This long, pristine stretch of white sand, a little way north of Jumeirah Public Beach, is a major draw for sporty types, with a range of activities on offer, including kitesurfing, beach tennis, beach volleyball and kayaking. There's also a jogging track and a shaded skatepark nearby. The sand here is super clean and there are showers, wi-fi, toilets and changing facilities, plus lots of food trucks and cafes. The beach also boasts great views of the Burj Al Arab, one of Dubai's prime landmarks. It gets very busy on Friday and Saturday when a seaside market with crafts and gifts sets up. To reach the beach head along Jumeirah Rd; the strip of sand is located behind Saga World shopping centre. Parking is available, with a large lot next to Al Manara Mosque. There's no entrance fee to access the beach. Restaurants near Kite Beach There's a decent smattering of restaurants right next to Kite Beach that'll suit most tastes. Options include Circle Café, serving breakfast, brunch, coffee and smoothies; popular burger and steak joint X Factor; and Italian-themed Tomato & Basilico. There are also a number of food trucks (notably the excellent Salt, which serves up scrumptious sliders), ice cream places and takeaway coffee spots mere steps from the sand. Hotels near Kite Beach Jumeirah offers a great selection of accommodation options. Luxury lovers should steer towards the Burj Al Arab or the hotels at Madinat Jumeirah. The cluster of midrange hotels and hotel-apartments next to the Mall of Emirates offer great value for money. For proximity to Kite Beach, however, Beach Walk Hotel and Park Regis Boutique Jumeirah are two good options, both a 25 to 30 minute walk away.
Housed in an air-conditioned hangar the size of 28 football fields, IMG Worlds of Adventure is the world’s largest indoor theme park. The US$1 billion park is truly impressive, with more than 20 rides and attractions split across four themed zones – Marvel, Cartoon Network, Lost Valley Dinosaur Adventure and IMG Boulevard – and 28 dining outlets. Food is prepared on-site, and the quality is surprisingly high, with some healthy options. The theme park is located next to Global Village on the E311.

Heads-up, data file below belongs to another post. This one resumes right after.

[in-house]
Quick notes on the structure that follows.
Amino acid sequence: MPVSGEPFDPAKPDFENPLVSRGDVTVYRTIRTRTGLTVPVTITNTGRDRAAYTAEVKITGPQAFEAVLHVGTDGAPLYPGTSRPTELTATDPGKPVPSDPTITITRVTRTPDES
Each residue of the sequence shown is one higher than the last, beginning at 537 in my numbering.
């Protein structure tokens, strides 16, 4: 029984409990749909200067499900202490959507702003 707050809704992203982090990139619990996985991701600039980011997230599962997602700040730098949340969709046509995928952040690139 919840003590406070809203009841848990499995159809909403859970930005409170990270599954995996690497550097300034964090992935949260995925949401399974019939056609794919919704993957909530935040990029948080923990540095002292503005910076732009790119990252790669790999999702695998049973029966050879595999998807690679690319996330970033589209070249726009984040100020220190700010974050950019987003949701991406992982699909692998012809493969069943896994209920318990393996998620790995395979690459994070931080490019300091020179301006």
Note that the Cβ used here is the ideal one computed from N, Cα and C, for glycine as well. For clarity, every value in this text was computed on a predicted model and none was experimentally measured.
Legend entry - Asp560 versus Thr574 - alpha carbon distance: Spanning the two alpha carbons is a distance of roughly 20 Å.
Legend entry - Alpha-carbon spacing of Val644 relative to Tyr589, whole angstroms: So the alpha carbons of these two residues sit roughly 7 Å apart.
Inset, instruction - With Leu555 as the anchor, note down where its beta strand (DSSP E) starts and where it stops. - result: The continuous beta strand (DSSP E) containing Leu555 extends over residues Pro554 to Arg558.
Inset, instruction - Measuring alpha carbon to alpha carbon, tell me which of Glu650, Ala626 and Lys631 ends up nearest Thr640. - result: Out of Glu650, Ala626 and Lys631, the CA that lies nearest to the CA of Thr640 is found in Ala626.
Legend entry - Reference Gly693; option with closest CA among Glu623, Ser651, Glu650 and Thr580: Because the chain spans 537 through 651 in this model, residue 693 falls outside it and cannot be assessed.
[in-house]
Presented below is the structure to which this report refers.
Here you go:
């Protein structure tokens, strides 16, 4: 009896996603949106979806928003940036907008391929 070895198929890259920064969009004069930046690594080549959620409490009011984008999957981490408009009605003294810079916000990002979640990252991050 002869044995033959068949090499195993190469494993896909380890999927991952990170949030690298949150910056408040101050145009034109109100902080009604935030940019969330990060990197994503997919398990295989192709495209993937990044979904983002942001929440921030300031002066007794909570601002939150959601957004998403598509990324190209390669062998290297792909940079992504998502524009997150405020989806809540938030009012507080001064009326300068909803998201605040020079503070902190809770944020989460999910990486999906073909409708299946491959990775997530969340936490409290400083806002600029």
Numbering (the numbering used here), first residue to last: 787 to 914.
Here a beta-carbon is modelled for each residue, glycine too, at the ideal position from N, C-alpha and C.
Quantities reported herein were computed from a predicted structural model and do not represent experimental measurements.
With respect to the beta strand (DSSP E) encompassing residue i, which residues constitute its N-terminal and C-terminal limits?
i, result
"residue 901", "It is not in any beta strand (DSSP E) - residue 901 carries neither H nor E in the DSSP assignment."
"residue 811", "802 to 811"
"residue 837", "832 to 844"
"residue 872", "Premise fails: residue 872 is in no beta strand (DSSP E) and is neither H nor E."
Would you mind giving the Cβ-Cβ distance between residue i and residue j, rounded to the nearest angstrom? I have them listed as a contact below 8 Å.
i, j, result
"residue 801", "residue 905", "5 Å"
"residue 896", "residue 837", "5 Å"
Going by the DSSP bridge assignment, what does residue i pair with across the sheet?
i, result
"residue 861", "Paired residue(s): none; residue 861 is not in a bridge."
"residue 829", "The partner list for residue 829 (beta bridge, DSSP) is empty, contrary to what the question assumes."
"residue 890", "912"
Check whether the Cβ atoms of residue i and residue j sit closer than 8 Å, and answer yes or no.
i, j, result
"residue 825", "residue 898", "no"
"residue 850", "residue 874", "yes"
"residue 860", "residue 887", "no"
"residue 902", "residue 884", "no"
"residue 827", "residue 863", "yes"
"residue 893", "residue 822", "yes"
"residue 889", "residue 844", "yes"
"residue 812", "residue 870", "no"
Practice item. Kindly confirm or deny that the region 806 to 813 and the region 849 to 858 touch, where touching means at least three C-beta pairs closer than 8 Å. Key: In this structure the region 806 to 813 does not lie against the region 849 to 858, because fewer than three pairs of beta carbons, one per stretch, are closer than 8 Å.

The city's main historical museum charts Dubai's turbo-evolution from fishing and pearling village to global centre of commerce, finance and tourism. It has an atmospheric setting in the compact Al Fahidi Fort, built around 1800 and considered Dubai's oldest remaining structure. A walk-through mock souq, exhibits on Bedouin life in the desert and a room highlighting the importance of the sea illustrate the days before the discovery of oil. The last room showcases archaeological findings from nearby excavation sites.
Anyone keen on delving deeper into Emirati culture and history should take advantage of the activities, Emirati meals and tours offered through this nonprofit centre, based on the edge of Al Fahidi Historic District. Guided by the motto 'Open Doors, Open Minds', this unique institution was founded in 1995 by Dubai's current ruler, Sheikh Mohammed Bin Rashid, to build bridges between cultures and to help visitors and expats understand the traditions and customs of the UAE.
Dubai Mall’s most mesmerising sight is this gargantuan aquarium where thousands of beasties flit and dart amid artificial coral. Sharks and rays are top attractions, along with sumo-sized groupers and massive schools of pelagic fish. You can see quite a lot for free from outside or pay for access to the walk-through tunnel. The basic package also includes access to the Underwater Zoo upstairs, whose undisputed star is a 5.1m-long Australian saltwater crocodile named King Croc.
Experience a world beyond in Qatar
Surrounded by the Arabian Gulf, Qatar seamlessly blends cultural heritage with modernity. This warm and friendly peninsula offers a wealth of attractions from iconic art and culture museums to historic heritage sites and souqs, from beautiful beaches and desert escapes to family fun at brand new theme parks. The best hotel brands, restaurants, spas, and shops have created an oasis of adventure and relaxation in the heart of the Middle East.